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How Does On Demand Streaming Video & Streaming Audio Work?

Using PlayStream's Small Business Services Content Delivery Network for delivering video on-demand is easy. Capture your media content then encode it into the format of choice. Upload your digitized file into our Content Delivery Network and your content is replicated to the edge of the network in real-time. If time or experience is an issue, PlayStream can capture and encode your media for you in any format we deliver at a competitive rate. After uploading your content to PlayStream's Small Business Services Content Delivery Network, your content is available to embed or link-to within your website, allowing complete flexibility over how you integrate media into your web presence.
On Demand Streaming Video - How does On Demand Streaming Video & Streaming Audio Work?
1. Capturing Your Media To A Digital Format

There are four basic steps you must take in order to stream your media. The first of these steps is to capture your media. In order to do this, you will need an input device for your computer. For audio content, the input device can be a text sound card. For video content, you will need some type of video capture device.

Examples of typical video capture devices are a firewire port (firewire card) or a video capture card. Common video capture cards that we know work are the Osprey 220 from ViewCast or capture cards from Winnov or Pinnacle.

2. Converting Your Media With An Encoding Station
An encoding station is simply a computer that runs encoding software (the "encoder") that converts your captured media to a streaming (streaming video or streaming audio) format. Most encoders require a reasonably fast computer to run. Normally a Pentium II with at least 128 MB of RAM is good if you're a PC user but, as always with computers, faster is better. Typically, We recommend that you use the encoding software that is provided by the manufacturer of the streaming format you have chosen. That is if you are a Windows user encoding Windows Media content, we suggest you use the Windows Media Encoder. If you are converting your content to RealMedia, please use the newest encoder available for your operating system at If you are converting your content to the QuickTime Streaming format use QuickTime Pro (with the Sorenson Codec) or Discreet cleaner.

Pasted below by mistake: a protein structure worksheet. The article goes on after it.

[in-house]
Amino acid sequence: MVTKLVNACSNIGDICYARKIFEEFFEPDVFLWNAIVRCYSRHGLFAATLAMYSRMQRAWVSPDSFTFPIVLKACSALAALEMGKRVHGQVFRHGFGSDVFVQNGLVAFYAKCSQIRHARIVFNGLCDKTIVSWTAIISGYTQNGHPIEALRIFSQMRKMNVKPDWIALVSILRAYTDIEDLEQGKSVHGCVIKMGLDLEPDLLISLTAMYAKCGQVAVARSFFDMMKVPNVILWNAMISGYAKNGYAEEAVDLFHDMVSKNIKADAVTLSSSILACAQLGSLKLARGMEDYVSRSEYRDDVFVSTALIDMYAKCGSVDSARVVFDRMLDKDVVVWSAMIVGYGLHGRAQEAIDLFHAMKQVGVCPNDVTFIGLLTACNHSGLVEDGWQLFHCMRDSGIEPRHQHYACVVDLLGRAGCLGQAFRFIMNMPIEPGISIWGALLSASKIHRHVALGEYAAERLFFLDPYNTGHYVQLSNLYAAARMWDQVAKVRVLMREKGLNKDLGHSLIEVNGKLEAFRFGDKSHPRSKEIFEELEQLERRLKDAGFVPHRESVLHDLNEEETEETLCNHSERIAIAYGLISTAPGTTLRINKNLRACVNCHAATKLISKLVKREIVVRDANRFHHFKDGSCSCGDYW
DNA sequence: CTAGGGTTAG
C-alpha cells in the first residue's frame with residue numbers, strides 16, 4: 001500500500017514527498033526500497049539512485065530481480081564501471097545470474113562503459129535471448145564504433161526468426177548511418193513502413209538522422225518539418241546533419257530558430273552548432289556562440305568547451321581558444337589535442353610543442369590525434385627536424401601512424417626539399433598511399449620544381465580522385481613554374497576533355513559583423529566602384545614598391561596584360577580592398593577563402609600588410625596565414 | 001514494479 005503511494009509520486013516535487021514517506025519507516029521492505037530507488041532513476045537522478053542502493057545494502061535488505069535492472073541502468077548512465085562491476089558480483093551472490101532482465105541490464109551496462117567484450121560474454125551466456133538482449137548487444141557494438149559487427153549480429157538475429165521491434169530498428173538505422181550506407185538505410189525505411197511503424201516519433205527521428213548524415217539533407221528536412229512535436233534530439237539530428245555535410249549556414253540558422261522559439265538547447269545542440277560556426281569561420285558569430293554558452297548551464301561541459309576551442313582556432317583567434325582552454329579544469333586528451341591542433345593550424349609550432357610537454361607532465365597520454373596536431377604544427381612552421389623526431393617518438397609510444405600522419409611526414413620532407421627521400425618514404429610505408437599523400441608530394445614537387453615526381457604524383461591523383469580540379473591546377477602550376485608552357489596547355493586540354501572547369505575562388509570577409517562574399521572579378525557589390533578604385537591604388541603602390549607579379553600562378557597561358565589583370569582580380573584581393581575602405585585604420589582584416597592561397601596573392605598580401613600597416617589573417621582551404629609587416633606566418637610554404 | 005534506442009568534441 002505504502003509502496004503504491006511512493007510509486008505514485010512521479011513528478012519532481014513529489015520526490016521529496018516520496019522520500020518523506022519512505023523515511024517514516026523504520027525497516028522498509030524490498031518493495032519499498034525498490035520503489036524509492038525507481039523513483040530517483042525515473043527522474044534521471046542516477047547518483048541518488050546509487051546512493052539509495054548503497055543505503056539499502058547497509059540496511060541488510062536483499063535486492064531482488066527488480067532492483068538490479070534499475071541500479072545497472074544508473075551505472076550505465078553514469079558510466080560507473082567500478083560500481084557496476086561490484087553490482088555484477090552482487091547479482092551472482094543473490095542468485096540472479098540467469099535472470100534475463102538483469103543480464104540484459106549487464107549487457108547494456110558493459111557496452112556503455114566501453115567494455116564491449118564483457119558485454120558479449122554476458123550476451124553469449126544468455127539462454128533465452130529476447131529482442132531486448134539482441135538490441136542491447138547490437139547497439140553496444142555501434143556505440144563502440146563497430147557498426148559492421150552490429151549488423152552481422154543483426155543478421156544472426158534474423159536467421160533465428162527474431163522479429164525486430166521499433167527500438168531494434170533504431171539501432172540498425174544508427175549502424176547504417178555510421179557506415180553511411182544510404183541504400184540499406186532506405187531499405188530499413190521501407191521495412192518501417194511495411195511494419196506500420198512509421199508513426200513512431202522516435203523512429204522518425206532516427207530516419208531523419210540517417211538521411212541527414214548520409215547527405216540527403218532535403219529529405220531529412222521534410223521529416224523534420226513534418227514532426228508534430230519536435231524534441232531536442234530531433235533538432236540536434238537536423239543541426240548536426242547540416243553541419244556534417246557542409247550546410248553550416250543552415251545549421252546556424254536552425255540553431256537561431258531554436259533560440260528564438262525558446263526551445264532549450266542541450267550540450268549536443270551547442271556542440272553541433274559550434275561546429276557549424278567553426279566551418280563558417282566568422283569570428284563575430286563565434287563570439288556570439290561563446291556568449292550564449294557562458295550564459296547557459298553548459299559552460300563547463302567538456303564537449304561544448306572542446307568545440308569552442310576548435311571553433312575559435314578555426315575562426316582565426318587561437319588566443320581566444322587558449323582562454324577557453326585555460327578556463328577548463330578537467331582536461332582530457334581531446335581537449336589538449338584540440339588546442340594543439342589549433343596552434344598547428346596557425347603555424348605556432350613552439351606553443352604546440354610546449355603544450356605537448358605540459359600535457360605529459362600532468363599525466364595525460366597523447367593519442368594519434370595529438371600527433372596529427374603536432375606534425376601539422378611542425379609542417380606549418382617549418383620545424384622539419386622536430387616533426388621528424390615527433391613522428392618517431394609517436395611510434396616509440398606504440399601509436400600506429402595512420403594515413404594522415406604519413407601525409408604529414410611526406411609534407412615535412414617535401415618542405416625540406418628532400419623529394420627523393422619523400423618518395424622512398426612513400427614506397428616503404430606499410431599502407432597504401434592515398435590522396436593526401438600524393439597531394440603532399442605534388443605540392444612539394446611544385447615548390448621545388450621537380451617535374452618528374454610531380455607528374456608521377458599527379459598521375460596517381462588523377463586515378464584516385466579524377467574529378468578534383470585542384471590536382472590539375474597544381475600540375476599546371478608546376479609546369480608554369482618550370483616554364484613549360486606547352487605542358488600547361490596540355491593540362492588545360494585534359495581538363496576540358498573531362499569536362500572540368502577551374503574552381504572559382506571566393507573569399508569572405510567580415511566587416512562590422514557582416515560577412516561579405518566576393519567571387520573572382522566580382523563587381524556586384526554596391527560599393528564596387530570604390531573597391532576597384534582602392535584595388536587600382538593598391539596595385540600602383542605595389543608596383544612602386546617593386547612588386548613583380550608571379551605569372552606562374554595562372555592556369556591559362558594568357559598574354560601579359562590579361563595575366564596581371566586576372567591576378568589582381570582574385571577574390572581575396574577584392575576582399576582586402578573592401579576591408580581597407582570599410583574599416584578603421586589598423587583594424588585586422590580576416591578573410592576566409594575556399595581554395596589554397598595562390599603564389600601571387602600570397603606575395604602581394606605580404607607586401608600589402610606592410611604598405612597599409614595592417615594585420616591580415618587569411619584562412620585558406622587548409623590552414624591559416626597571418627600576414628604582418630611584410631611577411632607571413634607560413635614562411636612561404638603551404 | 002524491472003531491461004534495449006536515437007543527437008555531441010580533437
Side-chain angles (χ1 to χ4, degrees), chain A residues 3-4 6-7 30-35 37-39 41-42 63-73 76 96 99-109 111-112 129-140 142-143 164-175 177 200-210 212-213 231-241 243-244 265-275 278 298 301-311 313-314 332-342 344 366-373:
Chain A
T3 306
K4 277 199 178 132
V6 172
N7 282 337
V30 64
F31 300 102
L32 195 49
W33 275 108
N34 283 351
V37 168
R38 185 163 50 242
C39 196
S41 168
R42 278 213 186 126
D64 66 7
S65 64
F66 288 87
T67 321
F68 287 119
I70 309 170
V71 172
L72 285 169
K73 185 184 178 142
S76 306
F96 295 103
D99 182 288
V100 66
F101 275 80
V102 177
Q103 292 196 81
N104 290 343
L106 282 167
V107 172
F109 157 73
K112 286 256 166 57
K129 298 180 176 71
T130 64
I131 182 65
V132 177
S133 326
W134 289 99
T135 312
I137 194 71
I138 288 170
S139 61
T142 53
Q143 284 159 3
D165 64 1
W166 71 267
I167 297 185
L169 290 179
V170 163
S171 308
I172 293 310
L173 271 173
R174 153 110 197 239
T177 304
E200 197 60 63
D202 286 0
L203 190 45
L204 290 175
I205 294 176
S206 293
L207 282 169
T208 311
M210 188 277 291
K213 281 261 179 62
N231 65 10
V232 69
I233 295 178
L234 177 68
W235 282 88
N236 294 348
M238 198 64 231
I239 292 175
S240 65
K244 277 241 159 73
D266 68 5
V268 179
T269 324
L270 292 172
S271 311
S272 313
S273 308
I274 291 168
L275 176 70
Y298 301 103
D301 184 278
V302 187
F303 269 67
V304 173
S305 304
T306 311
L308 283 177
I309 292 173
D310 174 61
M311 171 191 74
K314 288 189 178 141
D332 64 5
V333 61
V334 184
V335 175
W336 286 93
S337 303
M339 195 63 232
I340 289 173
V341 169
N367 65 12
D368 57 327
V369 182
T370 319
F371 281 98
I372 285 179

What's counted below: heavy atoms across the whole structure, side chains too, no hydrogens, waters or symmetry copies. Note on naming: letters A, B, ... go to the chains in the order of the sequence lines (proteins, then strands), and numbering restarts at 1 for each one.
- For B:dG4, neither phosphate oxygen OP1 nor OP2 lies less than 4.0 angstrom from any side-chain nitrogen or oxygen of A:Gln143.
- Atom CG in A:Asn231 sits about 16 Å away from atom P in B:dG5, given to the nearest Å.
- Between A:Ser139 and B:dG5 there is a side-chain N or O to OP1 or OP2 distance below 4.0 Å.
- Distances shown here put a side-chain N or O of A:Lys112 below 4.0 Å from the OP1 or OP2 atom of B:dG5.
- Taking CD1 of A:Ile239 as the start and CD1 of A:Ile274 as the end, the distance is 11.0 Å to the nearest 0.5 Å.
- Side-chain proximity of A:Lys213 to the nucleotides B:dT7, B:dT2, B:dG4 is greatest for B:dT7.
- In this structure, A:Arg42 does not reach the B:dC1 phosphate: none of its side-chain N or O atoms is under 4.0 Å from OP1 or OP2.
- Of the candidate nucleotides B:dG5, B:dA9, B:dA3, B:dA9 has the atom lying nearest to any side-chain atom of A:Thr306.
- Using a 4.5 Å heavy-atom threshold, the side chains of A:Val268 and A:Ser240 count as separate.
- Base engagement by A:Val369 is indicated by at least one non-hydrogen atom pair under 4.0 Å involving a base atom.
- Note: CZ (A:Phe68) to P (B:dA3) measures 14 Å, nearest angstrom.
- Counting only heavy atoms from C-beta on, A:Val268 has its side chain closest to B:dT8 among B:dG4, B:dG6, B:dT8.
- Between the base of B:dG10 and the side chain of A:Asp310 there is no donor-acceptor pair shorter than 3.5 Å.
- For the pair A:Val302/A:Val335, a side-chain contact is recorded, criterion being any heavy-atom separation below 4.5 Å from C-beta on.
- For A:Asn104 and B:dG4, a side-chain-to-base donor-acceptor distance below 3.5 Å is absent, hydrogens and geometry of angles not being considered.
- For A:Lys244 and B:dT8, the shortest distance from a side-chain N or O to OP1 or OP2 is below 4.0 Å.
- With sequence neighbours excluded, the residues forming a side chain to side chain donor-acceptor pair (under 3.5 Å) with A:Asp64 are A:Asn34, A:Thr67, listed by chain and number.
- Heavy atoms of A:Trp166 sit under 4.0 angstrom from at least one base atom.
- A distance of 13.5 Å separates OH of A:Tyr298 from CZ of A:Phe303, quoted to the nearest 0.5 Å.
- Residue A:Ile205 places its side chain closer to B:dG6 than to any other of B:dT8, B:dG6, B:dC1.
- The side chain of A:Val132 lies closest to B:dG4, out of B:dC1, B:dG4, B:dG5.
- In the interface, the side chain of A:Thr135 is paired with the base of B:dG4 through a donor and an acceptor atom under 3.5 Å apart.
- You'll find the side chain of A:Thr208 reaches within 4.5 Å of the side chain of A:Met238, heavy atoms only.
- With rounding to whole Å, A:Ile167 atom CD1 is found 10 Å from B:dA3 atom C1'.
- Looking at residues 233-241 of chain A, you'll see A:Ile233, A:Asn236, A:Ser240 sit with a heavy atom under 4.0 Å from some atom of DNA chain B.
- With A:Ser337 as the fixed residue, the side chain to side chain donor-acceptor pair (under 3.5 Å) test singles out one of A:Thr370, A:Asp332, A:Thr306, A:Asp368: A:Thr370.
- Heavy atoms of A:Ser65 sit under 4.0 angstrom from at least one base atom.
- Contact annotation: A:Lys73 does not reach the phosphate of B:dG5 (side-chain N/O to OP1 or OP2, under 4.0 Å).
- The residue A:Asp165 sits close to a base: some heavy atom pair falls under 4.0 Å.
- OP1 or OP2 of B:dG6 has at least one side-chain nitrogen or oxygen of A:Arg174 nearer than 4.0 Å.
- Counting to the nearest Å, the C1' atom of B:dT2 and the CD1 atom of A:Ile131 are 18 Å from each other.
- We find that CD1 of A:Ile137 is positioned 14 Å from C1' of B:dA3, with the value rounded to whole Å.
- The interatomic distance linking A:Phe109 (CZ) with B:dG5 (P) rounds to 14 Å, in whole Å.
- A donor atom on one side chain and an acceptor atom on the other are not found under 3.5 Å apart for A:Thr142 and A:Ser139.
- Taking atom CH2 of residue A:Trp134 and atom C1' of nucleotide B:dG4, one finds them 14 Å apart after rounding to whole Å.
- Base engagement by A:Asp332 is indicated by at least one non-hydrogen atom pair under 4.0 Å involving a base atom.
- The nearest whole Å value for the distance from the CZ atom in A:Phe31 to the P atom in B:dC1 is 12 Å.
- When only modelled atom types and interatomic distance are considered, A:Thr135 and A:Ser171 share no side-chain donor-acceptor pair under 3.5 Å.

3. Uploading Your Media To Our Content Delivery Network

After your content is converted to a streaming format you must upload it to our servers. We offer two ways to do this, either through the content management area when you are logged in to your PlayStream account or via FTP at with your user name and password. When you upload your content, it goes directly to the PlayStream Seattle data center and then is picked up by our replication process and copied to the PlayStream Atlanta data center. Links to your content are generated via our globally load balanced easy link system and you put these links into the HTML of your Web page. When someone visits your Web site and clicks a link for streaming audio or streaming video, that request is directed to the data center closest to them and they stream your content from our servers.

By directing your audience member to the closest data center, we cut down on the time it takes to deliver your stream to them. Once the closest data center has been established, the streaming video or streaming audio request is sent down one of the many backbones we are connected to via Internap's advanced "Synchronous-When-Optimal" routing service.

Our system delivers your media by avoiding the often congested public and private peering points of the Internet, thus greatly increasiing delivery performance and reducing problems such as rebuffering.

4. Delivering Your Media To Your Audience
When a streaming media Player makes a connection to one of our streaming servers via our easy link technology or a reference file (RAM for RealMedia, ASX; WVX or WAX for Windows Media; or QTL for QuickTime), the server sends the player data via User Datagram Protocol (UDP) by default. If the streaming media player cannot accept this data, the server tries to resend it via the TCP protocol to several different ports, with port 80 as it's final attempt if each attempt fails. This process is called protocol rollover. If this negotiation is successful, and the server is either Windows Media or the RealServer, a check is made for the connection speed configured in the connection settings of the streaming media player. Based on the connection speed returned to the server from the player, the server will send the highest play supported stream from a multiple-bit-rate streaming file, the whole file in the case of a single-bit-rate streaming file, or just the audio portion of an audio/video streaming file if the player connection speed is not fast enough to accept all video data.
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